Duck, Duck, Go! is a racing game, much like Robo Rally. In Duck, Duck, Go, you are duckies that are racing around a bathtub (modular board) trying to touch each buoy, and be the first to reach the drain. You move your duckie with movement cards played from your hand, and revealed simultaneously and resolved based on the numbers on the cards. The boards is modular and can be arranged to form many different combinations. Each board piece is made up of seven hexagonal spaces. Some spaces have life rings which act as transporters, and one piece has the drain. The buoys are cardboard pieces which can be placed in any location on the board. The game comes with a few "starter" board combinations, but you can change it up however you want, making this game have a lot of re-playability.

There is a basic game, and an advanced game included in the box. The advanced game adds some special actions, as well as a "bird" dog duckie. As a "catch up" mechanism, the last player "controls" the bird dog, using it to block or set back other players.

This is a good way to get kids to learn higher strategy games. The duckies are fun and the theme is entertaining. It's a race, so it keeps the action going and keeps everyone in the game. The movement is more complex because it uses hexes instead of squares. Some people with spatial difficulties may have some problems with the movement.

I think this game may be out of print, so if you find a copy, pick it up. And pick up a few extra duckies while you're at it.


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2016 Annual Meeting Minutes

  1. Call to Order
  2. Minutes from last meeting plus Introductions of people in attendance. Minutes were posted online and on list.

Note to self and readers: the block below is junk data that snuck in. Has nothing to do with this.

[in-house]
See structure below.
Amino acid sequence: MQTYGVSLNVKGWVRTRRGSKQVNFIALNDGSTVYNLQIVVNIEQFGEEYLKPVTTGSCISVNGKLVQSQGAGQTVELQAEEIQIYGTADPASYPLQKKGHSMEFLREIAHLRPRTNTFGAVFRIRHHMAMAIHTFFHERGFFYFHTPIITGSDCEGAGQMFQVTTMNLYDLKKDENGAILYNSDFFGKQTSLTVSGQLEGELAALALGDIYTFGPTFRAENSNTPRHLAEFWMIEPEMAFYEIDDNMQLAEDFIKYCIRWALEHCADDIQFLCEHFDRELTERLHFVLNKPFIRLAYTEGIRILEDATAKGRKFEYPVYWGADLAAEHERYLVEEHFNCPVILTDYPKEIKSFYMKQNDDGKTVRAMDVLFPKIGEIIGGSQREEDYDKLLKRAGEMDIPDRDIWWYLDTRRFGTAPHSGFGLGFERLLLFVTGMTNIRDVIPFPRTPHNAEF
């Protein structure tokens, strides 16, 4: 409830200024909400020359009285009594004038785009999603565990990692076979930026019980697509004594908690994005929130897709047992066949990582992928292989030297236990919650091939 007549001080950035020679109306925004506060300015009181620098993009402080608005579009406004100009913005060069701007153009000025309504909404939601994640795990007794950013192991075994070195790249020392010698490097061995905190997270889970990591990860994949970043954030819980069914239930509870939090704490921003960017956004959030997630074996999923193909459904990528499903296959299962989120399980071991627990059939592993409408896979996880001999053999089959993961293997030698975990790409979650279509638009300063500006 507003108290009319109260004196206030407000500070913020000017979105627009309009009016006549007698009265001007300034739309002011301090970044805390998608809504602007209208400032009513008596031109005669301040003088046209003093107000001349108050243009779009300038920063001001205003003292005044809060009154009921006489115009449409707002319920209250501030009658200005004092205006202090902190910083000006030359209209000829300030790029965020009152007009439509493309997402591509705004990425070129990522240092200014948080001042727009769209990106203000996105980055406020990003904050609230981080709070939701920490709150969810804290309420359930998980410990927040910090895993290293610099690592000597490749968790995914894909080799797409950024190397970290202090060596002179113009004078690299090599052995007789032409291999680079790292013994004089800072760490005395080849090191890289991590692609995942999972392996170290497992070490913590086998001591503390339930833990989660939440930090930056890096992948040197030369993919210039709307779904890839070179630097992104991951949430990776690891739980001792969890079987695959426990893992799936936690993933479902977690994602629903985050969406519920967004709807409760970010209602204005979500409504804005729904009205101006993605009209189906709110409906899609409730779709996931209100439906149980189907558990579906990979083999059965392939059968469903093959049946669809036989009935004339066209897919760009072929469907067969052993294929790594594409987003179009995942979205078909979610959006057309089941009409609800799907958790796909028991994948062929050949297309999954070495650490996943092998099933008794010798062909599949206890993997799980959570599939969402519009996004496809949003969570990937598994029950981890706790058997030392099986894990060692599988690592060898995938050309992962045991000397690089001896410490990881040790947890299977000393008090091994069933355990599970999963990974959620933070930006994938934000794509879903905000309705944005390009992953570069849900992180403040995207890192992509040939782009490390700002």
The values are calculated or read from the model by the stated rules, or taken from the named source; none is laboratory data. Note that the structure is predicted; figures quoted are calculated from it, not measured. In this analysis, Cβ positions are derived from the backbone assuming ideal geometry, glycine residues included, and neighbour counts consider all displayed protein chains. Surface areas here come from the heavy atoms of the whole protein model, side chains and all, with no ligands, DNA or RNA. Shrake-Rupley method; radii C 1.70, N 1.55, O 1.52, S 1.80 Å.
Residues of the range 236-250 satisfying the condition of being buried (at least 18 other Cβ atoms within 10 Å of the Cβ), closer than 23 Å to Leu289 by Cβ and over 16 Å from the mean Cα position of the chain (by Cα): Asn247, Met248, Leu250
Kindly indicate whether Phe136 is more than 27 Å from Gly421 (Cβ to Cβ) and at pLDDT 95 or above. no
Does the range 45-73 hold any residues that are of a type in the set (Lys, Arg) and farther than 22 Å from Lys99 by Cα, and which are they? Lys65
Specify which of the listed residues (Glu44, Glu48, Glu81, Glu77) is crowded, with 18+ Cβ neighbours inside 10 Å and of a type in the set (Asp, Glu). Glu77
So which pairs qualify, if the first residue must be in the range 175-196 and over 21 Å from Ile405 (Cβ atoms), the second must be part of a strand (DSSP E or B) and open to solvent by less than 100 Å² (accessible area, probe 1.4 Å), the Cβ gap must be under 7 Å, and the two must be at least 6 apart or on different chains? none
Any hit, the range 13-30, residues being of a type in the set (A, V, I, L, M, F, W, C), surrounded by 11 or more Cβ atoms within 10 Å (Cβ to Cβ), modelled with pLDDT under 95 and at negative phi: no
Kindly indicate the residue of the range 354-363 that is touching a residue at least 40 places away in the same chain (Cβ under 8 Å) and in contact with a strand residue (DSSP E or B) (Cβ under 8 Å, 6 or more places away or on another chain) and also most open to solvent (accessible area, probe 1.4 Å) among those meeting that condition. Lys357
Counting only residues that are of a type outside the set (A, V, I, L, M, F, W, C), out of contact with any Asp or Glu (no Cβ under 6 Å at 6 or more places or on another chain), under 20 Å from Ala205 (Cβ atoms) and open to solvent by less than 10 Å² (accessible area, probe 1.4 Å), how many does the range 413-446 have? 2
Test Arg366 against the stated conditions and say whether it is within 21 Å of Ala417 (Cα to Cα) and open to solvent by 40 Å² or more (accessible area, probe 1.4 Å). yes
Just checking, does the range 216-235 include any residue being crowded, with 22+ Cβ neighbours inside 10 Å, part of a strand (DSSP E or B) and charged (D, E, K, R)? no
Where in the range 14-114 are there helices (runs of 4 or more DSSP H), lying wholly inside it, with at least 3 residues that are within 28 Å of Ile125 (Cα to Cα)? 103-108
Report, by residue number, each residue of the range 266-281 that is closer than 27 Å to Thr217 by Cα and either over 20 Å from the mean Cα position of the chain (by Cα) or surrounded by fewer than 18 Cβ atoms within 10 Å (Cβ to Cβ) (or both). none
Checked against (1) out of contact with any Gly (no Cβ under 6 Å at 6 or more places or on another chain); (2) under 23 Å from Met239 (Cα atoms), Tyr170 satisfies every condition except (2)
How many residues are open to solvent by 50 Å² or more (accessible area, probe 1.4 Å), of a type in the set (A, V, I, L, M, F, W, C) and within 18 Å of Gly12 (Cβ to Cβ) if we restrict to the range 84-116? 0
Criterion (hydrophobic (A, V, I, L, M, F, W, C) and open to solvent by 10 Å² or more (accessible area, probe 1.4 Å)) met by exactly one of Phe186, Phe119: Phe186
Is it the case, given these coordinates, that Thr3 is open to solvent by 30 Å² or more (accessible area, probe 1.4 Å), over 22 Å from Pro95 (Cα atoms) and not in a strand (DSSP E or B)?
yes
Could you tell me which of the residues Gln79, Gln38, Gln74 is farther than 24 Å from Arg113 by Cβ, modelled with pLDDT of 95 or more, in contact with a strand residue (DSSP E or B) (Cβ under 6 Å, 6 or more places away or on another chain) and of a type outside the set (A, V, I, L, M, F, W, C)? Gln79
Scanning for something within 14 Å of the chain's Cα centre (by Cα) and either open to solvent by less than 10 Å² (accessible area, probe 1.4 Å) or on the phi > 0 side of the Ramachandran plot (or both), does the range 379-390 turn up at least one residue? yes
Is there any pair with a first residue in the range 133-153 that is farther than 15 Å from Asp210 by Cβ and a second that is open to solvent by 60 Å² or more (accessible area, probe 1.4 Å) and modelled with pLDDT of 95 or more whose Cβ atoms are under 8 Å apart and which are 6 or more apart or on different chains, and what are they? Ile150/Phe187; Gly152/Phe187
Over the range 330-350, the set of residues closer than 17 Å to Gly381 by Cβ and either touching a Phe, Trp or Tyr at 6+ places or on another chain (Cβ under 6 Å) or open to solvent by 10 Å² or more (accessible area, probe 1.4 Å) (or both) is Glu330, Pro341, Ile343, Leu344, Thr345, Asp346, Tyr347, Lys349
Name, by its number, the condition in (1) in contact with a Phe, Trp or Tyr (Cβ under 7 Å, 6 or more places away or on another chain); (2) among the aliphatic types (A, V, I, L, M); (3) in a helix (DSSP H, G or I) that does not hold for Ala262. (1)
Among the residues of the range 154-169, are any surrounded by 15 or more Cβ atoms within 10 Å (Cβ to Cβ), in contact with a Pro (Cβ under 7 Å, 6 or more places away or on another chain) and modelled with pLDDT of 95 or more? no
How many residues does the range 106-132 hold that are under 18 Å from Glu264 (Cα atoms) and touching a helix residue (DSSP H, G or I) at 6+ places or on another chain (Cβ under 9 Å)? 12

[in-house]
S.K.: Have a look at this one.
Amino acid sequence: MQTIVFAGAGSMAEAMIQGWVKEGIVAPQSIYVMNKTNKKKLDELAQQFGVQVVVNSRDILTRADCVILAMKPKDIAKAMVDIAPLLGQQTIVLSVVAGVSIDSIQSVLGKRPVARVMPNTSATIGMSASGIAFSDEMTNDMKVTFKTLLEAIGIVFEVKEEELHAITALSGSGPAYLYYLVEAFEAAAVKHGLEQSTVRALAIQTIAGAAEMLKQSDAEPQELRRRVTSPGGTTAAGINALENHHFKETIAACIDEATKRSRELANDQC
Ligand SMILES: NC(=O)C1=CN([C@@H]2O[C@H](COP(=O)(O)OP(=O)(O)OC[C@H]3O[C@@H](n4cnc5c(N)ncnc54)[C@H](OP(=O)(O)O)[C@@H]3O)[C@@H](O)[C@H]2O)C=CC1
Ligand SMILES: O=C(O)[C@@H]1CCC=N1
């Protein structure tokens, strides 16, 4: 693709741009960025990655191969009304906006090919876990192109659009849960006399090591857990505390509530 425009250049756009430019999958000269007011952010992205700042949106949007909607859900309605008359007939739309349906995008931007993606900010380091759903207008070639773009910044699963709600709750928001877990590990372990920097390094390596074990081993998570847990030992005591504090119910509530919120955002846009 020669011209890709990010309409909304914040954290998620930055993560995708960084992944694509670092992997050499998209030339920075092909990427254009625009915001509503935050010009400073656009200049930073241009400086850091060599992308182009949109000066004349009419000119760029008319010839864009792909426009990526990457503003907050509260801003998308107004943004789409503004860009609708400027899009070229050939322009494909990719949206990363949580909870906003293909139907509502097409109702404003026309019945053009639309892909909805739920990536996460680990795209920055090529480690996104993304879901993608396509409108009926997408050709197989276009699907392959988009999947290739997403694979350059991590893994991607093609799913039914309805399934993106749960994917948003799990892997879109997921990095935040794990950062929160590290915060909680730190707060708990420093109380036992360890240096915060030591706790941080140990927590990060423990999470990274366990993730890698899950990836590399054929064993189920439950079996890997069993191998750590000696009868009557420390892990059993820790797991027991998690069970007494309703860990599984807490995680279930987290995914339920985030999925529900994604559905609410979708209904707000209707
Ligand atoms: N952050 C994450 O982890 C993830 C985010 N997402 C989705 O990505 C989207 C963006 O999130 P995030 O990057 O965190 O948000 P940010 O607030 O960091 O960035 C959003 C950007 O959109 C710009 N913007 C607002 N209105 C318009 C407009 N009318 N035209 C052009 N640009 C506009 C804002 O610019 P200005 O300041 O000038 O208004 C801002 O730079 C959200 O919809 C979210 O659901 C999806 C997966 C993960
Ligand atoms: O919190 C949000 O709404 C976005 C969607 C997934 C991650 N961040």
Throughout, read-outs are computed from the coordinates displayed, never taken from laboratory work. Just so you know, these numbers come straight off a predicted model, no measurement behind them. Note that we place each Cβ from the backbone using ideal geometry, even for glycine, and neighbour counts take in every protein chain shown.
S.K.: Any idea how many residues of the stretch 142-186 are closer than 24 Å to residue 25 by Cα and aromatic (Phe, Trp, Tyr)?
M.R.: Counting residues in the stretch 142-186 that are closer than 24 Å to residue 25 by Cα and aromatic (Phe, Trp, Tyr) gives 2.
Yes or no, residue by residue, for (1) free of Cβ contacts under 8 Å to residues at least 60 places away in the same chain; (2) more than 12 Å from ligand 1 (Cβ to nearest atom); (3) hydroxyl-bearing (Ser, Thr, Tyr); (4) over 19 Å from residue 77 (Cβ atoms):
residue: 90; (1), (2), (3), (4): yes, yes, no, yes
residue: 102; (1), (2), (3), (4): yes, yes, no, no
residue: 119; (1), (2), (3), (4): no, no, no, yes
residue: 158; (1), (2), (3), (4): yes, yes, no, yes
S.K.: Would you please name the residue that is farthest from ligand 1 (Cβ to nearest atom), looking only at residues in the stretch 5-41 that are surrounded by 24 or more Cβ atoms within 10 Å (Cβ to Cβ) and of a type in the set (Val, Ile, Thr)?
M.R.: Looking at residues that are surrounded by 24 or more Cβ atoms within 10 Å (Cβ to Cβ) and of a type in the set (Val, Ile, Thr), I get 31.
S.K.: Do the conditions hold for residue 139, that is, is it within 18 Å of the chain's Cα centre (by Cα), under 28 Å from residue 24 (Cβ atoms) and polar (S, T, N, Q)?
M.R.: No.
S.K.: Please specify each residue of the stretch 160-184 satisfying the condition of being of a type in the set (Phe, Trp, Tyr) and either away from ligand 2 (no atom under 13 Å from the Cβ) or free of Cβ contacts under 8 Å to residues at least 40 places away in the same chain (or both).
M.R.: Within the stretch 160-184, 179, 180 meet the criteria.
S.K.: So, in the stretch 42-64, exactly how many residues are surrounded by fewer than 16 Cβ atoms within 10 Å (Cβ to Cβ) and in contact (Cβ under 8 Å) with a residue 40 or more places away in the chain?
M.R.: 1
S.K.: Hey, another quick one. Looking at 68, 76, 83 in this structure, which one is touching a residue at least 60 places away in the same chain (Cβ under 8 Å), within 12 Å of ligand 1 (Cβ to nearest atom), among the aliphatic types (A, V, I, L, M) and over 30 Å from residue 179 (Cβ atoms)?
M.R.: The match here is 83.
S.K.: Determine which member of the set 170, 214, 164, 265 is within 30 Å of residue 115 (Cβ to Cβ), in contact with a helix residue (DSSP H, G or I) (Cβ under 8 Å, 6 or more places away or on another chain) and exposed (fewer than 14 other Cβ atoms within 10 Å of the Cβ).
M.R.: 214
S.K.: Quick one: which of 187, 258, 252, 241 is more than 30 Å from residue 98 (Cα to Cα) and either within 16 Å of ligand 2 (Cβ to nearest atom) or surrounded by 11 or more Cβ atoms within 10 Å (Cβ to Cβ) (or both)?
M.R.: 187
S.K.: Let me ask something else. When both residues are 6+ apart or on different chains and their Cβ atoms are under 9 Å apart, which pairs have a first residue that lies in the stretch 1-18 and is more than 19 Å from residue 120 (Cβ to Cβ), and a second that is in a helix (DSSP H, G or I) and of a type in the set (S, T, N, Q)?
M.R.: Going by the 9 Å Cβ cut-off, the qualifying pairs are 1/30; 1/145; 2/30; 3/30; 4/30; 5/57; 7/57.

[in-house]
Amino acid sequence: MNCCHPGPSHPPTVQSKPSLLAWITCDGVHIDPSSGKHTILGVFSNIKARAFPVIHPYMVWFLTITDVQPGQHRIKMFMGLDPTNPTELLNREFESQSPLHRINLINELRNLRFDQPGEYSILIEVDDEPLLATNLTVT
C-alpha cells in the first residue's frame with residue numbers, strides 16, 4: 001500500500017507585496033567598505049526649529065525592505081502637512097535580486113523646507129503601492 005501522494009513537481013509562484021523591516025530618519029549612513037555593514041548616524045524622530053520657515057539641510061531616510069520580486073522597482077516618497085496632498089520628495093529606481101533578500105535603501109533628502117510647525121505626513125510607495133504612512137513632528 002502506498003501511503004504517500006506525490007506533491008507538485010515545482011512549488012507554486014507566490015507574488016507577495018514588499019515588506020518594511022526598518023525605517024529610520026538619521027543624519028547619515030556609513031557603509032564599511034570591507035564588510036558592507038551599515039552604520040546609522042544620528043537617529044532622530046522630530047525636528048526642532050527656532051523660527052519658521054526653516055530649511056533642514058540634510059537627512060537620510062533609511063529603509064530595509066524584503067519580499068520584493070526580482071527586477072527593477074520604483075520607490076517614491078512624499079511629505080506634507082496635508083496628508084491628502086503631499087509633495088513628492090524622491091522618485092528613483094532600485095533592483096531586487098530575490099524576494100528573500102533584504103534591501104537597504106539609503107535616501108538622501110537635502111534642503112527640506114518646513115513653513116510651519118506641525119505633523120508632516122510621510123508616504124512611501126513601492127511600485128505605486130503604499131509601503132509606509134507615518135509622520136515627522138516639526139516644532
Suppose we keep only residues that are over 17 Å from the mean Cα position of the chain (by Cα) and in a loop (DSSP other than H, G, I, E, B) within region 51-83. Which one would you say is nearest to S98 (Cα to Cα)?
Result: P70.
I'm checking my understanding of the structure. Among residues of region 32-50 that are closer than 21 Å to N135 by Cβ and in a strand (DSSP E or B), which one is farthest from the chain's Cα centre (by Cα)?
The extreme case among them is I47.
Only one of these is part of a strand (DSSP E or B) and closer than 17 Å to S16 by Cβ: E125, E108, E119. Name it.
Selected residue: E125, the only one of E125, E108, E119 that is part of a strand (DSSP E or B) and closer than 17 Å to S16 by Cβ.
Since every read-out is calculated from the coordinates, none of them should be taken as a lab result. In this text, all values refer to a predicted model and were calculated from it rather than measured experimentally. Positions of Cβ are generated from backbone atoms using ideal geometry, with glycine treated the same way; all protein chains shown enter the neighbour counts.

3. Treasurer’s Report – we have money.
  4. AnimeIowa Report (July 29-31, 2016) (Coralville Marriott)
    1. Pre-Registration count is currently about 2,054 attendees, expect total of about 4,000 with at the door registrations.
    2. Cost at the door will be $60.
    3. Moving to Des Moines in 2018.
  5. ICON Report (#41 October 28-30, 2016) (Cedar Rapids Marriott)
    1. Working on a Children's Programming Track, Harry Potter Children's LARP.
    2. Online T-shirt orders will be available soon.
  6. Gamicon Report (February 24-26, 2017) (Cedar Rapids Marriott)
    1. Tim is working on guest of honor.
  7. Old Business
    1. TrekFest, June 24-25, 2016 in Riverside Iowa.
      1. We have 2 tables.
      2. This is the 32nd year of Trek Fest.
  8. New Business
    1. Kirk Con (Riverside, 1 day con in the Riverside Casino).
      1. Tentative date is Sunday October 2, 2016.
      2. Planning costumes, games, vendors.
      3. Mindbridge will probably have a table in vendor area.
    2. Proposal for new square card reader (Jon) (Handout).
      1. Moved, seconded and passed to purchase a new square reader that can accept chip cards, to see how it works.
      2. Cost expected to be about $87.00.
      3. First use will be at AnimeIowa Registration.
    3. Board Member Nomination and Vote.
      1. Dennis Lynch said he was not running for re-election but will continue handing email to info at mindbridge dot org for us.
      2. Nominees were Michelle Weinard-McKibben and Katie Heckel.
      3. Ballets were collected, counted, and Katie Heckel is the new board member.
  9. Meeting adjourned for Food and Fun. Our thanks to Michelle Weinard-McKibben and her minion Mark for arranging the food.

Next Meeting: Wednesday July 6, 2016 at Denny Lynch's house